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musical-md wrote:
In my opinion, nothing that I wrote contradicts you. The music is behind the paper score, but we are to interpret the composer's ideas not invent new ones, as I give in my example above: that work ends on the second beat. To play it as if it ends at the start of a next measure is to supply one's own idea, not one's own interpretation. IMO. (Here we are using "idea" to mean what the composer wants, and "interpretation" to mean what the the performer wants.) Also, there are two "music making." One is the creation by composing. The second is the re-creation by interpretive performance. Here, I am speaking as a performer, but as one who has also composed. Anyway, I just wanted to share my opinion on the limits of interpretation being constrained by the principle of reciprocity. Believe me, there is plenty of interpretive freedom and novelty in such. :)


My purpose was to discuss this issue not try to contradict. I do not feel that I have ever had the ability to reproduce completely a composer's manuscript after listening to a performance. This may be because I am not a musical professional, but also because of the limitations in the ability of a composer to apply the real musical intent to paper.

That is just another way to convey my point, that there is a musical idea that is placed on the paper by the composer which by the limitations inherent in that alone, allows much musical creativity in interpretation.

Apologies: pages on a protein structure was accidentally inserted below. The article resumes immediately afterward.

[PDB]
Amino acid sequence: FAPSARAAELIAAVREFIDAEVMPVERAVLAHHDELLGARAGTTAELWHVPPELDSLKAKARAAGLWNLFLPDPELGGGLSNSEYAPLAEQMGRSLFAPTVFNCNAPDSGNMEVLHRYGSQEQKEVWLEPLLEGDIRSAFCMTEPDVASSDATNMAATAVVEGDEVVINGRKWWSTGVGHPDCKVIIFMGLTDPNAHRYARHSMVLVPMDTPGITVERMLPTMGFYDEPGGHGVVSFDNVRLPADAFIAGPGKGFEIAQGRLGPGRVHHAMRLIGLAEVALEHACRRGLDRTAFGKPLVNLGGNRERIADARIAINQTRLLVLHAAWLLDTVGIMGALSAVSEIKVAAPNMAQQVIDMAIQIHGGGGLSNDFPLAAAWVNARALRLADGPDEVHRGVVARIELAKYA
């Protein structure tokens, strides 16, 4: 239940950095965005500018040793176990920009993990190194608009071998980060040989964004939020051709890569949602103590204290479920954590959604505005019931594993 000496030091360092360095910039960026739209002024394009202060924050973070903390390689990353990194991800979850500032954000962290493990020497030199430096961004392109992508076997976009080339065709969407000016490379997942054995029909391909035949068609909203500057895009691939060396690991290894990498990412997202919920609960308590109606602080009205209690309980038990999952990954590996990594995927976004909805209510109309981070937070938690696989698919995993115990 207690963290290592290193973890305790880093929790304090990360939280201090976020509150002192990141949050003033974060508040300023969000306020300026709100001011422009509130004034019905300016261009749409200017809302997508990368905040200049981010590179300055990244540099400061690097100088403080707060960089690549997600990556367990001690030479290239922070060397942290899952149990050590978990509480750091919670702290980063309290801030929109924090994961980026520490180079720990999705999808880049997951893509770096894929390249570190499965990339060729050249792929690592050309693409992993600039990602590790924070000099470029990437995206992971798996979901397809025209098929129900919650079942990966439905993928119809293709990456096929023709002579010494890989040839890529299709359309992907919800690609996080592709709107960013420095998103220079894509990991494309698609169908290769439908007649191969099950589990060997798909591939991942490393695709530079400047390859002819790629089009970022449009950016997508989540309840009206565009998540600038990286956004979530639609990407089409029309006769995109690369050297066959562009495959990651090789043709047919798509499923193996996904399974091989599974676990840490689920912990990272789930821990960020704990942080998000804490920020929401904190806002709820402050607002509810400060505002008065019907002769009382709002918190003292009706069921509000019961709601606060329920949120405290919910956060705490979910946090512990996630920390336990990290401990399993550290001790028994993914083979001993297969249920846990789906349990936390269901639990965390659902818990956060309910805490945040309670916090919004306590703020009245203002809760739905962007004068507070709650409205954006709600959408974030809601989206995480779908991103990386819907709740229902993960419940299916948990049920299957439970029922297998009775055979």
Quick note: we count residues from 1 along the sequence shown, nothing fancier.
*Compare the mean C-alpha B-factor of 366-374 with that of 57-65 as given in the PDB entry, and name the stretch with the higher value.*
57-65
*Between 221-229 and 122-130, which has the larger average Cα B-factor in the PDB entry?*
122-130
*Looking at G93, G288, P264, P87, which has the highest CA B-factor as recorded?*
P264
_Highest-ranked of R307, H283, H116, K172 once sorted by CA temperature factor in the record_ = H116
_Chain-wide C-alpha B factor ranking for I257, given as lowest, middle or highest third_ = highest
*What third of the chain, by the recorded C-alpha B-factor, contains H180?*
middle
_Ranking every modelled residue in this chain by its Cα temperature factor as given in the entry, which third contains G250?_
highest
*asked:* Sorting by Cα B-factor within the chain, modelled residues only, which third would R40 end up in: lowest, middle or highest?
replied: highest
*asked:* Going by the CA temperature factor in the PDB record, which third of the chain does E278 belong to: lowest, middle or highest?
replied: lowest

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 Post subject: Re: "Master classes" - are they overrated?
PostPosted: Mon Dec 20, 2010 8:18 pm 
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Phillip Johns wrote:
musical-md wrote:
In my opinion, nothing that I wrote contradicts you. The music is behind the paper score, but we are to interpret the composer's ideas not invent new ones, as I give in my example above: that work ends on the second beat. To play it as if it ends at the start of a next measure is to supply one's own idea, not one's own interpretation. IMO. (Here we are using "idea" to mean what the composer wants, and "interpretation" to mean what the the performer wants.) Also, there are two "music making." One is the creation by composing. The second is the re-creation by interpretive performance. Here, I am speaking as a performer, but as one who has also composed. Anyway, I just wanted to share my opinion on the limits of interpretation being constrained by the principle of reciprocity. Believe me, there is plenty of interpretive freedom and novelty in such. :)


My purpose was to discuss this issue not try to contradict. I do not feel that I have ever had the ability to reproduce completely a composer's manuscript after listening to a performance. This may be because I am not a musical professional, but also because of the limitations in the ability of a composer to apply the real musical intent to paper.

That is just another way to convey my point, that there is a musical idea that is placed on the paper by the composer which by the limitations inherent in that alone, allows much musical creativity in interpretation.